I was recently accused of being a pseudo feminist. Here's why. While talking on the Sabarimala issue, I said, women who are ready to wait were not anti-feminist, but merely were respecting tradition. A colleague of mine rightly countered me by pointing out how I had made my feelings against triple talaq heard. It really got me thinking. While justifying the need for religious traditions to coexist in a democracy, I might proudly wear the badge of being a liberal. By openly critiquing Mahatma Gandhi and by opposing to Veer Savarkar's ideology, a section of today's voters call themselves moderates.
But in reality, who are we, if not pseudo liberals or pseudo feminists? In the age of Modi-Trump-Johnson politics (all right-leaning leaders belonging to conservative parties), it definitely feels like the right thing to do, to raise our voice of dissent, of disgruntlement towards the government. The Modi government wants to confer Bharat Ratna on Veer Savarkar? Lets list all the Hindu-oriented ideologies he preached or let's recall how he justified use of rape as a weapon of war.
Article 370 abrogated? Let's raise voices without considering what people in the state actually want. When a BJP leader urges people to buy swords, while awaiting verdict on the Ayodhya case we cringe; suggest that the land be divided equally and let there be a mosque as well as a temple erected on it.
To be honest, I was raised in a household that was proud to be Hindu and did not have high opinions about those belonging to other religions. I was asked not to walk through the 'Muslim galli' especially after dark. My husband grew up in Kerala and has some egalitarian ideologies instilled. At least he and his family have no ill feelings or prejudice against people belonging to other religions or other castes. So maybe my thoughts evolved with time and while I am actually a modern feminist who believes in equality and the idea of coexistence, going by my grooming I should be an adarsh nari who is pro BJP?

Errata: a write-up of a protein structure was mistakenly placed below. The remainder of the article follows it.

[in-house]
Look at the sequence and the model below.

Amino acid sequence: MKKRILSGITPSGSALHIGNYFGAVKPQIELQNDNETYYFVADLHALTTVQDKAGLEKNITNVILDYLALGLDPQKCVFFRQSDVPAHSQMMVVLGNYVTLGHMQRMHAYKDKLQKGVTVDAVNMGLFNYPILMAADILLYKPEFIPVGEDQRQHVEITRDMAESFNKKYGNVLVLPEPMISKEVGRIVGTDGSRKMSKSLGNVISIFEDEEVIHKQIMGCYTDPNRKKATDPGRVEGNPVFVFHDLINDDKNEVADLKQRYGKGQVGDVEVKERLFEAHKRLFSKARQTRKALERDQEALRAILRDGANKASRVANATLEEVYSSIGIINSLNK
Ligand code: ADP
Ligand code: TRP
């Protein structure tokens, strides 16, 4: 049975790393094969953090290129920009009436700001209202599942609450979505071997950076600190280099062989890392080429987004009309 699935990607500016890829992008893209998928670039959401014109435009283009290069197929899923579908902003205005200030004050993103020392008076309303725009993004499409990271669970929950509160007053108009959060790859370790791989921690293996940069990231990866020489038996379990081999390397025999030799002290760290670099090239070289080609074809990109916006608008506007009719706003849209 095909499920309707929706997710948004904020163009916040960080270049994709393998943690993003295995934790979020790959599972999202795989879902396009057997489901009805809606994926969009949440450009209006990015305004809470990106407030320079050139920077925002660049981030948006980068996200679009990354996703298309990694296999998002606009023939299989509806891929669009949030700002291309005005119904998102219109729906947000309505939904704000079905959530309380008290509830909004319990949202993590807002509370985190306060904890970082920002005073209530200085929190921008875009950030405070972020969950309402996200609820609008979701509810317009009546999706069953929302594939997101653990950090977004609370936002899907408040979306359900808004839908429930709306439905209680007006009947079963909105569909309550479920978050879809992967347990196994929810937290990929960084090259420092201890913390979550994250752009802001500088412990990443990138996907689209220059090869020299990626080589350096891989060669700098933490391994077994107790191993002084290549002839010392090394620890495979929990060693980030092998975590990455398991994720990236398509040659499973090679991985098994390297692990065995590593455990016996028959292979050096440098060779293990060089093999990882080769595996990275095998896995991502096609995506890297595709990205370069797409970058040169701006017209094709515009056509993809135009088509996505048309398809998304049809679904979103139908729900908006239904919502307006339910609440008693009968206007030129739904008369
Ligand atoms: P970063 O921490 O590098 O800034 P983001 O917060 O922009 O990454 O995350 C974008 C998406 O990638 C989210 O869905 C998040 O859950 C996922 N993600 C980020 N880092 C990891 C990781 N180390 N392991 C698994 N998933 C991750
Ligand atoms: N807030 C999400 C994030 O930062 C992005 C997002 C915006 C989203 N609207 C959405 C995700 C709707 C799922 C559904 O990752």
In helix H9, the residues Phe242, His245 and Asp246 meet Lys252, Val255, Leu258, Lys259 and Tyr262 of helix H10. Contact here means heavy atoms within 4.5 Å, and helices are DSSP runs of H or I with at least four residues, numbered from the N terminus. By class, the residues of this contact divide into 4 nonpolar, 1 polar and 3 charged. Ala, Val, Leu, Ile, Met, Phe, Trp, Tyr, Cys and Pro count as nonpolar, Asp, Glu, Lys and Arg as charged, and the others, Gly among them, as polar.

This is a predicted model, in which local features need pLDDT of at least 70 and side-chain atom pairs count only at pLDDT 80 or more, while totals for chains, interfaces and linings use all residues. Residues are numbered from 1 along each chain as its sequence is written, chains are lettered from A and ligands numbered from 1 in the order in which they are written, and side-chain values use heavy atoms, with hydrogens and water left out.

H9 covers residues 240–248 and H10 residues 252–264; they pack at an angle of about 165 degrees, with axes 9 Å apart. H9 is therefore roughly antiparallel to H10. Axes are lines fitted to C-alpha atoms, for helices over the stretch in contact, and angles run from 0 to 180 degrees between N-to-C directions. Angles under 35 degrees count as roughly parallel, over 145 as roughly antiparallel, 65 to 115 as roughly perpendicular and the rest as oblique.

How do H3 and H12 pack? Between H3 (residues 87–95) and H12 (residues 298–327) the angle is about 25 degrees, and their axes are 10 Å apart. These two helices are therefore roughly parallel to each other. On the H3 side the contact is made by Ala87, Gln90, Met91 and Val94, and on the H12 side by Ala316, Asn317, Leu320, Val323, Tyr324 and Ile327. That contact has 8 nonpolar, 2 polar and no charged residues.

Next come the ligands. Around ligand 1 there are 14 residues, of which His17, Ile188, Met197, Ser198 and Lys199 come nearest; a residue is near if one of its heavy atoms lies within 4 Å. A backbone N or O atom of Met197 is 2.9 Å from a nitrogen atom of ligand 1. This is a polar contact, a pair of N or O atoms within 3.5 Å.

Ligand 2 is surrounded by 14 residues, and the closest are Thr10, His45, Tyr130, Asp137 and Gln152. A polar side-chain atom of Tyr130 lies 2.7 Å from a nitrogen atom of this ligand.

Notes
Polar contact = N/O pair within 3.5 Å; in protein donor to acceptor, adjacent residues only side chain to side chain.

Instead, why can't I be a moderate. Scores of those belonging to my generation or born between the late 70s and late 80s are surely at a juncture when they are questioning their values. On my last trip to Mumbai, I met with two groups of friends. One, a bunch of women I grew up with, all of them doing quite well career-wise, have a healthy work-family balance, in the thirties. Most of them (to my astonishment) were pro the BJP government. They proudly parroted the economic benefits their beloved Modi sarkaar brought about including lowering corruption (in perceived corruption in the public sector in 2018, India is 78th among 180 countries compared to 85 among 175 countries in the 2014).
The other group, the bunch I went to college with, most of them single, living in prime residential areas between Juhu and Bandra, were unhappy with the government, bashed it on numerous issues that affected them locally like potholes that inconvenienced commute and the Aarey issue, drainage problems and more. Personally, I would like to identify myself with the second bunch. Nope, not because they seem the 'cooler', 'more intellectual' type. Because they seem like a voice of reason and not one derived from emotion. They were talking of everyday issues faced by everyday people, rather than of the parallel changes that make us look good on a macro level— confused? Don't be. Democracy should not be catering to a single stratum of a society. It should benefit people from all classes.
Drainage problems should be resolved so that the homeless who sleep on the street, the stray dogs, the cattle don't get swept away and thousands of lives aren't lost. Not just because water causes damage to cars and other vehicles of middle class/ upper middle class families. On the other hand, economic and sustainable housing should be made available to those who cannot afford it so that people aren't living on the streets in the first place. While, swamps should not be reclaimed nor should trees be cut down illegally to accommodate them, as it could prove to be harmful to the environment and cause the flooding that we want to avoid — makes sense? I hope so!
Coming back to my question. Why can't we belong to a generation who oppose triple talaq, a practice where women have very little or no say, while not agreeing with the Sabarimala verdict because that does not further women's equality in anyway. Here is to the moderates!